Click Here to Read:  Israeli discovery could reverse Alzheimer’s damage: TAU professor has uncovered a protein that may protect brain cells from harm by dementia-based diseases by David Shamah in the Start Up Israel website on May 18, 2014.

Prof. Illana Gozes (Photo credit: Courtesy)

This is your brain on meditation

Friday, May 16th, 2014

BrainMeditation

Click Here to Read:  This is your brain on meditation on the Science Codex website on May 15, 2014.

The left images show the brain during concentrative meditation, while images to the right show the brain during nondirective meditation.

How children’s brains develop – new insights

Wednesday, May 14th, 2014

ChildrenBrains

Click Here to Read:  How children’s brains develop – new insights by  Pia Britto  on the Unicef Connect website on May 14, 2014.

Toddlers in Bangladesh are introduced to the alphabet. © UNICEF/BANA2014-00573/Mawa

 

What Neuroscience Can Teach Us About Compassion

Wednesday, May 14th, 2014

COMPASSION

Click Here to Read:  What Neuroscience Can Teach Us About Compassion by Carolyn Gregoire on the Huffington Post website on May 13, 2014.

Phineas Gage, Neuroscience’s Most Famous Patient

Tuesday, May 13th, 2014

140505_SCI_PhineasGage


Click Here to Read:   Phineas Gage, Neuroscience’s Most Famous Patient Each generation revises his myth. Here’s the true story By Sam Kean on the Slate website on May 6, 2014.

New Neurons Found to Overwrite Old Memories

Tuesday, May 13th, 2014

NewNeurons




Click Here to Read:  New Neurons Found to Overwrite Old Memories by Douglas Quenqua in The New York Times on May 12, 2014.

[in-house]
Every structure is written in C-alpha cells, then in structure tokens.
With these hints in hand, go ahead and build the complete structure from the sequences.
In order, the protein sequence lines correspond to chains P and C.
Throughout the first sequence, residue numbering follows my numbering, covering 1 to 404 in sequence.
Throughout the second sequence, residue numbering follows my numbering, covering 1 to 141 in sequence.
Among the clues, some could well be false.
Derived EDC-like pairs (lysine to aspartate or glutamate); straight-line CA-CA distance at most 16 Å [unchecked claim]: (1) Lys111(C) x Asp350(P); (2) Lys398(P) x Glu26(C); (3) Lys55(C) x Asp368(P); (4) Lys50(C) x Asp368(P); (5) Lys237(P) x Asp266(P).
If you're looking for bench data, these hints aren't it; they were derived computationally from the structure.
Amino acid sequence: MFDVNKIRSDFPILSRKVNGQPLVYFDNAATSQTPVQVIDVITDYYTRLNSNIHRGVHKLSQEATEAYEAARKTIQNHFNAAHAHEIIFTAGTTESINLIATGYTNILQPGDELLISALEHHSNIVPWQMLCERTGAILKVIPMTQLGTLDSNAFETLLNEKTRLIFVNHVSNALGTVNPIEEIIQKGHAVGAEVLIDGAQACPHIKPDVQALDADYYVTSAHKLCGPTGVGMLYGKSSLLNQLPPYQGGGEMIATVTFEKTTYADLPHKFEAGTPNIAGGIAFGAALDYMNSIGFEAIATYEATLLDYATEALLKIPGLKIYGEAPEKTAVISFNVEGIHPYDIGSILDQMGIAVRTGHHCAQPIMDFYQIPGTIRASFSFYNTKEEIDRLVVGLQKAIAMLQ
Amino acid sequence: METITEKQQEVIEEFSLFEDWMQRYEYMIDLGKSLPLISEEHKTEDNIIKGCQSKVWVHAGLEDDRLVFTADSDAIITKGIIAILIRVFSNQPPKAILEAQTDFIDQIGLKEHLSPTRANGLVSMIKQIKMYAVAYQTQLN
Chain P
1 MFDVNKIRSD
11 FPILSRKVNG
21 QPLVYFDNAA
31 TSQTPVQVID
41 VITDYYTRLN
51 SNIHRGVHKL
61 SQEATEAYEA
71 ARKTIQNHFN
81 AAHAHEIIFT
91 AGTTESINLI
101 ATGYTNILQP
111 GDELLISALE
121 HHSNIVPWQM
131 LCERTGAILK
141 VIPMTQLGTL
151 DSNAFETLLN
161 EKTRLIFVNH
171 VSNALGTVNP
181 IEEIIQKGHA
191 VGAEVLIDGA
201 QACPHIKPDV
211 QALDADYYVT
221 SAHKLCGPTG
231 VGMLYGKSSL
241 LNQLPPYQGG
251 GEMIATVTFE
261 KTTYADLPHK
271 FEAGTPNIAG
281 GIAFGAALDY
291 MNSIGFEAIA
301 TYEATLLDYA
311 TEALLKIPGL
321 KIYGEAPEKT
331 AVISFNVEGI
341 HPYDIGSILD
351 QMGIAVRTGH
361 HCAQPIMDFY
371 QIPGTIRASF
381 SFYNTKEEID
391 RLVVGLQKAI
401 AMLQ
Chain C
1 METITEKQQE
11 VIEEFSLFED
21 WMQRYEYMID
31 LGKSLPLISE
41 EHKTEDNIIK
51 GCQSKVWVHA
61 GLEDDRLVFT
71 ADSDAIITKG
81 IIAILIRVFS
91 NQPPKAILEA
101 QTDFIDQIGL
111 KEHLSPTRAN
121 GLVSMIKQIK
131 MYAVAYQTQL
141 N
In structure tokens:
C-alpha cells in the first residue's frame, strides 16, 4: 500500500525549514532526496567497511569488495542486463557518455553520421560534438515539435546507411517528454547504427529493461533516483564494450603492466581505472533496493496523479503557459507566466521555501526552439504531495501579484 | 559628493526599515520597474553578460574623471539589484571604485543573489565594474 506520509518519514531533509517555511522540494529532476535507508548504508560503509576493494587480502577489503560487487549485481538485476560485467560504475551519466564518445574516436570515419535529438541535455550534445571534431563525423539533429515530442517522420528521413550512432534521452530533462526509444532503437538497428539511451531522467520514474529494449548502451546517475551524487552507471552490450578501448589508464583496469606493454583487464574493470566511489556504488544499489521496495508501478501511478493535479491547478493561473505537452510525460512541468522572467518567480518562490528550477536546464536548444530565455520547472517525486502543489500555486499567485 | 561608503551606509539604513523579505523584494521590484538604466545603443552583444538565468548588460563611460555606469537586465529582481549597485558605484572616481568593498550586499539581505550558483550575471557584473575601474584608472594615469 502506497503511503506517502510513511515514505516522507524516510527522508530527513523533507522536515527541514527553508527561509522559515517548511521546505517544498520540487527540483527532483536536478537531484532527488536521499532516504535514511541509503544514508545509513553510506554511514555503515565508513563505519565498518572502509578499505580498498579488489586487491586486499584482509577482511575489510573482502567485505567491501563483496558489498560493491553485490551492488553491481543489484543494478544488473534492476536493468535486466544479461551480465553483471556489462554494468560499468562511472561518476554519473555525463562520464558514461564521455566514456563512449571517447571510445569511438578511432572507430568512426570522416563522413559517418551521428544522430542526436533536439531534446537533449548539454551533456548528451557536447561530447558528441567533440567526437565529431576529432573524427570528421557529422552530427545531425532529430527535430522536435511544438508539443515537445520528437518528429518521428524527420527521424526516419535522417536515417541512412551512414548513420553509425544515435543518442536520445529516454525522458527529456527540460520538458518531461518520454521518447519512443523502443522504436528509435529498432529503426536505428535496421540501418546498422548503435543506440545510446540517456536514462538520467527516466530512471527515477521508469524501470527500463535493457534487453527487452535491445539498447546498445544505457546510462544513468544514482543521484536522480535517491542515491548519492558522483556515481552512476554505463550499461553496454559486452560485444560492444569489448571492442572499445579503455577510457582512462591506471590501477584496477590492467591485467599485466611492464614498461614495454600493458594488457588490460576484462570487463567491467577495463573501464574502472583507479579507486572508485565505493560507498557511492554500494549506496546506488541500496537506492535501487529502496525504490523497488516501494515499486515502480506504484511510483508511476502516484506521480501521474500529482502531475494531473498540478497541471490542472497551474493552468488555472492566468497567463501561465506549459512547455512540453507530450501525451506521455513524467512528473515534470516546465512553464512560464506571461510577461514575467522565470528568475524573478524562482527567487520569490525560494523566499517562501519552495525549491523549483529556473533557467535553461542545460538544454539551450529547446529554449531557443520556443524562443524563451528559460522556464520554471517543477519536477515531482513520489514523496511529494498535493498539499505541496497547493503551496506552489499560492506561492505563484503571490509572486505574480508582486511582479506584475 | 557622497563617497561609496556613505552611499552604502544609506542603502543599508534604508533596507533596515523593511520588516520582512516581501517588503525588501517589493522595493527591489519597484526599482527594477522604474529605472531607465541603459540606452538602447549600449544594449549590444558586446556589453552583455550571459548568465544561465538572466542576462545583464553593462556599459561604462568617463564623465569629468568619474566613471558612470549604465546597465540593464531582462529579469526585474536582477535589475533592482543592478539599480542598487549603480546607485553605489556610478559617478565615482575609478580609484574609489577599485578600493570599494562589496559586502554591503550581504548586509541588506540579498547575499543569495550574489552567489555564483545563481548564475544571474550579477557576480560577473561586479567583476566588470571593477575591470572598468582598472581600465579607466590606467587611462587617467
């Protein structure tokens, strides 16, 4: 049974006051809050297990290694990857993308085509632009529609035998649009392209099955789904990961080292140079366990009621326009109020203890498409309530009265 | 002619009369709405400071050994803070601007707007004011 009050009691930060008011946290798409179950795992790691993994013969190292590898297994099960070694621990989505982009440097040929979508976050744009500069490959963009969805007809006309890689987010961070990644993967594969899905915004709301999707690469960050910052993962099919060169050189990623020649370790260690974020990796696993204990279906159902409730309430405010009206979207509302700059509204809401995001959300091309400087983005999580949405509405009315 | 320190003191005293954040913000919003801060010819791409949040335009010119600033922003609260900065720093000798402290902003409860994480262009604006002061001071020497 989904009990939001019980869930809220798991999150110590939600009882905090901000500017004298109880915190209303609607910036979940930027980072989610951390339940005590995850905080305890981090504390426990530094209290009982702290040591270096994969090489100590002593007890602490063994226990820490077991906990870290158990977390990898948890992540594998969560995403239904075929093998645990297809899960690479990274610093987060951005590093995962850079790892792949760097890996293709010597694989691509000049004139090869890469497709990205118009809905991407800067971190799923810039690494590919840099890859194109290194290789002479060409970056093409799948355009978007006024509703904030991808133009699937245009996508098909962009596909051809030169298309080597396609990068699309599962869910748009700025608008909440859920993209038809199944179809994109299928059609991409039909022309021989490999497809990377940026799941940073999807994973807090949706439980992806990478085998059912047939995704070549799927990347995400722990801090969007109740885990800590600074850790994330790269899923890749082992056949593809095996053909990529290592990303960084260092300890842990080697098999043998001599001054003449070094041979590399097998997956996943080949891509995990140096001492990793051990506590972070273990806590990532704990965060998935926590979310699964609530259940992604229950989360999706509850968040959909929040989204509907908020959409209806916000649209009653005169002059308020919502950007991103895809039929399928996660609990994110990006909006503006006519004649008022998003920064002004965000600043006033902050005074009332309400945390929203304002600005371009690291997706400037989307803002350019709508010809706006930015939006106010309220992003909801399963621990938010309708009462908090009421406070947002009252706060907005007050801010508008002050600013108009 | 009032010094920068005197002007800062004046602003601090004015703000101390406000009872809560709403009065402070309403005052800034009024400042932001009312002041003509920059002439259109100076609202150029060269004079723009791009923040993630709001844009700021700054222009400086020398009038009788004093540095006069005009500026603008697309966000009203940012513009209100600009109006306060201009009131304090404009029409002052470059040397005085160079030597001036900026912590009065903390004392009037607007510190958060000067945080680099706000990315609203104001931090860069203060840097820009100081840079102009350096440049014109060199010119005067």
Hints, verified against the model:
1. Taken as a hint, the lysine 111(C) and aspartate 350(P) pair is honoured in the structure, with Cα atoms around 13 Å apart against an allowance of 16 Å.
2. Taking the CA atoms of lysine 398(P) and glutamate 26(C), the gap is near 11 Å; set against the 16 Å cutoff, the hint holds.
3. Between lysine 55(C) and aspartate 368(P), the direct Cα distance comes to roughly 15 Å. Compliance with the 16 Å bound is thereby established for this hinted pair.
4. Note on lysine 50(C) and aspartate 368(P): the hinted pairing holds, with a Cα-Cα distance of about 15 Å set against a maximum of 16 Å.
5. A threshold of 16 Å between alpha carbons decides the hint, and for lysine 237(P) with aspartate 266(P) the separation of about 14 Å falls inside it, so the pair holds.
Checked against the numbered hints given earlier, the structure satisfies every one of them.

The Next Frontier In The War Over Science

Monday, May 12th, 2014

ScienceWashington


Click Here to Read and View: The Next Frontier In The War Over Science by Sam Stein on the Huffington Post website on May 6, 2014.

Heaven is for neuroscience

Monday, May 12th, 2014

Joan-of-Arc-Eugene-Thirion-web

Click Here to Read:  Heaven is for neuroscience: How the brain creates visions of God Major figures like Joan of Arc and Dostoyevsky claimed supernatural visions. Why their brains could hold the answer Sam Kean on the Salon website on May 11, 2014.

Eugene Thirion’s “Jeanne d’Arc” (1876)

New Study Analyzes Content of Nightmares, Bad Dreams

Saturday, May 10th, 2014

Nightmares

Click Here to Read:  New Study Analyzes Content of Nightmares, Bad Dreams on the Sci-News.com website on May 6, 2014.

Nightmares in men were more likely than those of women to contain themes of disasters and calamities, while themes involving interpersonal conflicts were twice as frequent in the nightmares of women. Image credit: Sweet Briar College.

Neuroscientist David Amodio on subconscious racial prejudice and why we’re still responsible for our actions

Saturday, May 10th, 2014

RacistBrain

Click Here to Read:   Neuroscientist David Amodio on subconscious racial prejudice and why we’re still responsible for our actions By Indre  Viskontas and Chris Mooney on the Mother Jones website on  May 9, 2014.

Reading Pain in a Human Face

Tuesday, April 29th, 2014

FACEtmages

Click Here to Read:  Reading Pain in a Human Face By Jan Hoffman in The New York Times on April 28, 2014.

Can you tell which expressions show real pain and which ones are feigned? A study found that human observers had no better than a 55 percent rate of success, even with training, while a computer was accurate about 85 percent of the time. (The answers: A. Fake. B. Real. C. Real.)